Considered a precision medicine, targeted therapy stops molecular mutations on cancer cells to prevent them from growing and spreading. These therapies allow medications to kill cancer cells and leave most other cells alone by focusing on specific traits of the cancerous cells of a person’s tumor. These traits can sometimes be found on normal cells as well, leading to side effects, but typically not as severe or extensive as those experienced with chemotherapy because less cells are affected.
Targeted therapies are approved to treat a variety of cancer types, including breast cancer. Two people with the same type of cancer may have different molecular targets, meaning the treatment is not universally effective for a cancer type—and even if a mutation is present, the cancer may not respond to the treatment. Common molecular mutations (called targets) that are treated with targeted therapies include HER2, EGFR, KRAS, VEGF, ALK, JAK 1 and 2, BTK, and BRAF.
Targeted therapies are categorized as either small molecule or large molecule drugs. Small molecule drugs find the molecular target, enter the cell, and then block it. Large molecule drugs are too big to enter the cell—instead, they find the molecular target and do damage to proteins and enzymes on the surface of the cell.
DNA is naturally damaged during the cell cycle, and that damage must be repaired to prevent cell death—even in cancer cells. PARP inhibitors increase the effectiveness of chemo and/or radiation therapies by inhibiting DNA repair. This therapy is often prescribed to those with breast, ovarian, fallopian tube, or peritoneal cancer, among other types.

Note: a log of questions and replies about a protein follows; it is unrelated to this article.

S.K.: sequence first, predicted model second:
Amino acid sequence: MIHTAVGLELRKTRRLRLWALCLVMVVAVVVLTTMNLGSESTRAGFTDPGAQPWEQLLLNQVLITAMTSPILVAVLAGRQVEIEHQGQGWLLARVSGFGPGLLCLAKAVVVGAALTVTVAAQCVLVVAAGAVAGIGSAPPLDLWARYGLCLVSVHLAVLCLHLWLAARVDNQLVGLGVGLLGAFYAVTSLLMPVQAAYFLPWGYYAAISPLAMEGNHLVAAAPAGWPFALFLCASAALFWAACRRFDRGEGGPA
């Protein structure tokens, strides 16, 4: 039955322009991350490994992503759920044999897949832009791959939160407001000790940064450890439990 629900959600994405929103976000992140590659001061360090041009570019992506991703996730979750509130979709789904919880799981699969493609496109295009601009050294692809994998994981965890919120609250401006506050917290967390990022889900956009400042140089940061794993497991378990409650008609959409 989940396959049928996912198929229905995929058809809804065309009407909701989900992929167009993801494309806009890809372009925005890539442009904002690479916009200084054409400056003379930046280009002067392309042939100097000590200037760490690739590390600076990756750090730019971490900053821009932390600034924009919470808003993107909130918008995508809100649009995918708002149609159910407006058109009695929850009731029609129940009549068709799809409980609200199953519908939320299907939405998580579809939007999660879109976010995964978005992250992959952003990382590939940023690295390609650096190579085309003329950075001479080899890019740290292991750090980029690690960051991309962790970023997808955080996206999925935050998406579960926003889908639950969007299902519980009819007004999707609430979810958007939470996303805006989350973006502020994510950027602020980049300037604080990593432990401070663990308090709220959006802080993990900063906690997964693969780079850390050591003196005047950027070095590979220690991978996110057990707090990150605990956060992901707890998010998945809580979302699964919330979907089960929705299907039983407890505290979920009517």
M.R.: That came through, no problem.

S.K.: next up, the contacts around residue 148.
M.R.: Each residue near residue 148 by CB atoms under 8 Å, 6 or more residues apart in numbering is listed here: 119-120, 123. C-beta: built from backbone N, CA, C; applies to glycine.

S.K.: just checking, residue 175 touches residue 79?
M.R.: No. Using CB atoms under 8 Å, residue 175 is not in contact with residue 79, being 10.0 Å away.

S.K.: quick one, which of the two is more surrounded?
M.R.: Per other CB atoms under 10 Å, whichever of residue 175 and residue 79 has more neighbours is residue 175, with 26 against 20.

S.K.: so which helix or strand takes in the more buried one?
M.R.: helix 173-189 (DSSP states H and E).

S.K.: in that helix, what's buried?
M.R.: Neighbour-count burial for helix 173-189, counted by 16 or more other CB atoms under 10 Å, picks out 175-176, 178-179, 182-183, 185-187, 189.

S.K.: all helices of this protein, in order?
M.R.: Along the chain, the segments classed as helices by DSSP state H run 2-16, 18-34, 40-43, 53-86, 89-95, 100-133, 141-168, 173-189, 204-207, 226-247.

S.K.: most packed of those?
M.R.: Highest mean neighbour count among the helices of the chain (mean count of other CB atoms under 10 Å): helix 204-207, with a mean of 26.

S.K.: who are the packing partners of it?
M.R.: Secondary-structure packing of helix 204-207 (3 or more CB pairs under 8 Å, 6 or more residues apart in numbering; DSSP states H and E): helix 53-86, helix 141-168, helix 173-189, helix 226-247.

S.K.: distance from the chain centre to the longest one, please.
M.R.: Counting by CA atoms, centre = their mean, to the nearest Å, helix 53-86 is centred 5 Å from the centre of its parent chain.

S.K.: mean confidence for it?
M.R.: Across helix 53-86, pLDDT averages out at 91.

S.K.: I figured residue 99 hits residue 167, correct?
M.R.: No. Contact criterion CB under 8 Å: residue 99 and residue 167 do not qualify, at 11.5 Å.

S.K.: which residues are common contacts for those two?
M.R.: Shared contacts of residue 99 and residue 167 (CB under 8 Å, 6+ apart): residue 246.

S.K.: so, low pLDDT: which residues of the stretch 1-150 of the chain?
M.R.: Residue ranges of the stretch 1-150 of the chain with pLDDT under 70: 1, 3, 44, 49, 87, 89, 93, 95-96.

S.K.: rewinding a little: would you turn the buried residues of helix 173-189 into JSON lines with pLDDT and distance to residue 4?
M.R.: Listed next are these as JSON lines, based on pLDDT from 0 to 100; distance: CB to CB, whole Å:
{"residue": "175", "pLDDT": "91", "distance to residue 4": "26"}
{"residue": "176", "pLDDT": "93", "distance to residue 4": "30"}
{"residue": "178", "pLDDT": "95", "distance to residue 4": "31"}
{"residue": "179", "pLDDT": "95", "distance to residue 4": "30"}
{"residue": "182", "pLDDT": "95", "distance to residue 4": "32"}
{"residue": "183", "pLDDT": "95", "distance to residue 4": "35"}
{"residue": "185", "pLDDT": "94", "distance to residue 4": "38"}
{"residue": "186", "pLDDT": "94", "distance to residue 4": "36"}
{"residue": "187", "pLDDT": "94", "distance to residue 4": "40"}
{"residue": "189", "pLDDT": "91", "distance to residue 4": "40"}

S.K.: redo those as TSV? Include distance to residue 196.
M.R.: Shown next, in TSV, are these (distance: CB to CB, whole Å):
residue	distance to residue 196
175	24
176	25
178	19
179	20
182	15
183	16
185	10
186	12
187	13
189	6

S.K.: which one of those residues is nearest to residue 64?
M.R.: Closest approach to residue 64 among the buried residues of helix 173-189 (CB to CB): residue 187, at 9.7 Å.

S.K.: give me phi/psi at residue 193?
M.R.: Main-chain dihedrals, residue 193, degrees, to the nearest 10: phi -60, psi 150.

This therapy works by blocking signals within cancer cells, preventing a step they need in order to grow and divide.
Angiogenesis occurs when a tumor develops its own blood and nutrient source. This medication blocks the formation of the blood vessels that supply the tumor. Some kinase inhibitors also act as angiogenesis inhibitors.
This targeted immunotherapy consists of antibodies created in a laboratory that target a specific protein on the surface of a cancer cell to mark it as cancerous. They may also block a receptor that is important for cell growth.
This is a combination of radiation and monoclonal antibodies that delivers radiation directly to the tumor cells, often in lower doses and over a longer period of time.
Side effects of targeted therapy vary from person to person and depending on the treatment, and some experience no side effects at all. Some of the medications can cause birth defects, so it is important for the care team to discuss fertility planning and preservation with those who are of childbearing age.